For years, William Shatner has made millions trying to sell America on a website that helps users get discounts on airline tickets and hotels.
But for the moment, he’s a pitchman for something much more nostalgic: “Star Trek.”
The former Capt. James T. Kirk has been hyping “Star Trek: The Ultimate Voyage,” a concert tour featuring a live symphony orchestra that performs as footage from “Trek” movies and TV episodes is projected onto a 40-foot screen. The show beams down to Charlotte’s Belk Theater on Monday.
To be clear: Shatner himself won’t appear on this tour. The 84-year-old entertainment icon will, however, tell us about the show, his many projects and why he tweets so darn much.
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Q. Have you seen this show?
A. I’ve seen pieces of it. It’s unique. Live, on stage, 35 musicians and the conductor are playing the music from “Star Trek.” ... So the music is played live, and on the screen are scenes from (the films and shows). What happens is the audience becomes aware of the music, and they’re startled by the excellence of the music. Then they become aware of how the music enhances the scene. And then they become aware of the importance – the critical importance – of music to the movies.
Q. What else are you up to these days?
A. I’m going out on tour again with my one-man show. Then I’ve got a book out in which I talk about my friendship with Leonard Nimoy (“Leonard: My Fifty-Year Friendship With a Remarkable Man,” out Feb. 16). I formed a deep, deep friendship with him over the years, and the book is about how that happened and the evolution of that friendship, and friendship in general. And how in show business friendships are so ephemeral.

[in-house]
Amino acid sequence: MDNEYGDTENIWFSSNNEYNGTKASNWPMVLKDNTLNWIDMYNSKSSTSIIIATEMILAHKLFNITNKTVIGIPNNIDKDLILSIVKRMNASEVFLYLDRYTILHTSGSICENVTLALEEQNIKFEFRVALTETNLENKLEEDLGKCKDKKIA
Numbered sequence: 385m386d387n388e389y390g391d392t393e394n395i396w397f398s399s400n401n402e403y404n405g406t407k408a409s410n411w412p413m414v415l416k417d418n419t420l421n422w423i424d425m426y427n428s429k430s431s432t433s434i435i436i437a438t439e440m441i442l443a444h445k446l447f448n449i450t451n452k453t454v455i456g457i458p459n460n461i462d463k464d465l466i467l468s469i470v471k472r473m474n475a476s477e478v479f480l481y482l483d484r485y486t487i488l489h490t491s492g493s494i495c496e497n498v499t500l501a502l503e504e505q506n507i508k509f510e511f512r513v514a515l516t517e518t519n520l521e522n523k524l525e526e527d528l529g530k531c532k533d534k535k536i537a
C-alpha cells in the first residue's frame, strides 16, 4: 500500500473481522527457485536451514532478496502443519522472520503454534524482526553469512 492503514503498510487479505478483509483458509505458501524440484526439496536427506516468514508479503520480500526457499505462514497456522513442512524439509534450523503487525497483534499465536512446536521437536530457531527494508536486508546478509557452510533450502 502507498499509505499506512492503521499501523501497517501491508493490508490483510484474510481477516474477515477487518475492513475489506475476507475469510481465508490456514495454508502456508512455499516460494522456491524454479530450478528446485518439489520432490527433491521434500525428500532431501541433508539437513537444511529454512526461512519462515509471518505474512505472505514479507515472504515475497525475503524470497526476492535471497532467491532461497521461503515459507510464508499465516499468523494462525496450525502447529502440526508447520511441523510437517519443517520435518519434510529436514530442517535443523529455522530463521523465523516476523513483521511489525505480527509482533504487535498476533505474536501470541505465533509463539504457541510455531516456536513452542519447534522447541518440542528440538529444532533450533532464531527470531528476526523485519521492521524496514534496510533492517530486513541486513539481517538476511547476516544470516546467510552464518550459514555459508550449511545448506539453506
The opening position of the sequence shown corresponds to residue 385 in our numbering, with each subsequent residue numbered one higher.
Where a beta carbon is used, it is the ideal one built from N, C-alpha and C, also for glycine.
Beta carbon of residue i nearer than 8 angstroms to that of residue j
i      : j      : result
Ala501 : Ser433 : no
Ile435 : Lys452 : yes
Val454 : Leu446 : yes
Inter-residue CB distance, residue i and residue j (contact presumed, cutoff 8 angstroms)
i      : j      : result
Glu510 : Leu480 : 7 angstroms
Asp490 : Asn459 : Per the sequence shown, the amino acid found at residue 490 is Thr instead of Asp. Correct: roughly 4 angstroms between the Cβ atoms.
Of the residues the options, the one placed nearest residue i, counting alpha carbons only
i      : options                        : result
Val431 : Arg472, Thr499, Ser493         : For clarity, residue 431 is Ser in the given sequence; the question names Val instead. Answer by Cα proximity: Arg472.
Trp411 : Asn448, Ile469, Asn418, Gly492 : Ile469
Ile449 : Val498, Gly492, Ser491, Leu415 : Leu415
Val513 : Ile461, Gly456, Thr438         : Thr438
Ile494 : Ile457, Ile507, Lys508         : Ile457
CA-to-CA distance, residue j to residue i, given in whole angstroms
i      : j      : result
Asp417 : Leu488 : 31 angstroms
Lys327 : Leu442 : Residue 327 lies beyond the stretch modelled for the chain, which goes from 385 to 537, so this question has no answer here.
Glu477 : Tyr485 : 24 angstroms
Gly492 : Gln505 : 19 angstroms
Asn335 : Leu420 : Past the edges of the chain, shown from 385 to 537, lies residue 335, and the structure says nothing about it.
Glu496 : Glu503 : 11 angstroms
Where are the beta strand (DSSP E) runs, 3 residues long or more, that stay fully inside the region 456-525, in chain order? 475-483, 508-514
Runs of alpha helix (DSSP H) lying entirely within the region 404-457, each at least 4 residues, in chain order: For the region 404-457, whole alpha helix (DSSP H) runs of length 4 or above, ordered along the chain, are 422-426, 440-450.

I’ve also got a new reality show coming out. And I’ve just been asked to do a Christmas album and I’ll start work on that later this year.
Q. You’re a quintuple threat. Or maybe even more than that?
A. Perhaps. Wait till the payoff comes and then we’ll know whether I’m a threat. ... Oh, and I helped design a motorcycle last summer and drove it from Chicago to Los Angeles and shot a documentary on it. I also designed a watch.
Q. I think you’re the busiest 84-year-old that I know.
A. Me too. And I don’t know any 84-year-olds.
Q. Another thing that you seem to be very active on is Twitter.
A. Yeah, I love the idea of being able to communicate instantaneously. It’s a means of communicating with my fans, a means of communicating with people who are interested in me. I’ll tell ’em about the concert tour, tell ’em about the book. ... We all know that all the old forms are broken. Publicity is better achieved on social media than on the traditional stuff.
Q. Do you ever imagine what your life would have been like if you hadn’t done “Star Trek”?
A. People forget that I was doing really well before “Star Trek.” I was in movies and plays and television series, so I was not an unknown factor. I was doing very well. But certainly “Star Trek” begat this celebrity thing, which begat all these other things, and so I’ve been eternally grateful to “Star Trek” and I have no compunction about speaking about it.
Q. Do you still attend “Star Trek” conventions?
A. Yeah, I’m going out there this year for the 50th anniversary (convention, which is Aug. 3-7 in Las Vegas).
Q. Those Trekkies can be a little bit scary, right?
A. You know, that’s the conventional attitude, but I’ve never found it to be true. There’ll come a day when somebody’ll hit me on the head; but up until now, nobody has.
‘Star Trek: The Ultimate Voyage’
The franchise celebrates its 50th anniversary this year.
When: 7:30 p.m. Monday.
Where: Belk Theater, 130 N. Tryon St.
Details: 704-372-1000; www.startrekultimatevoyage.com.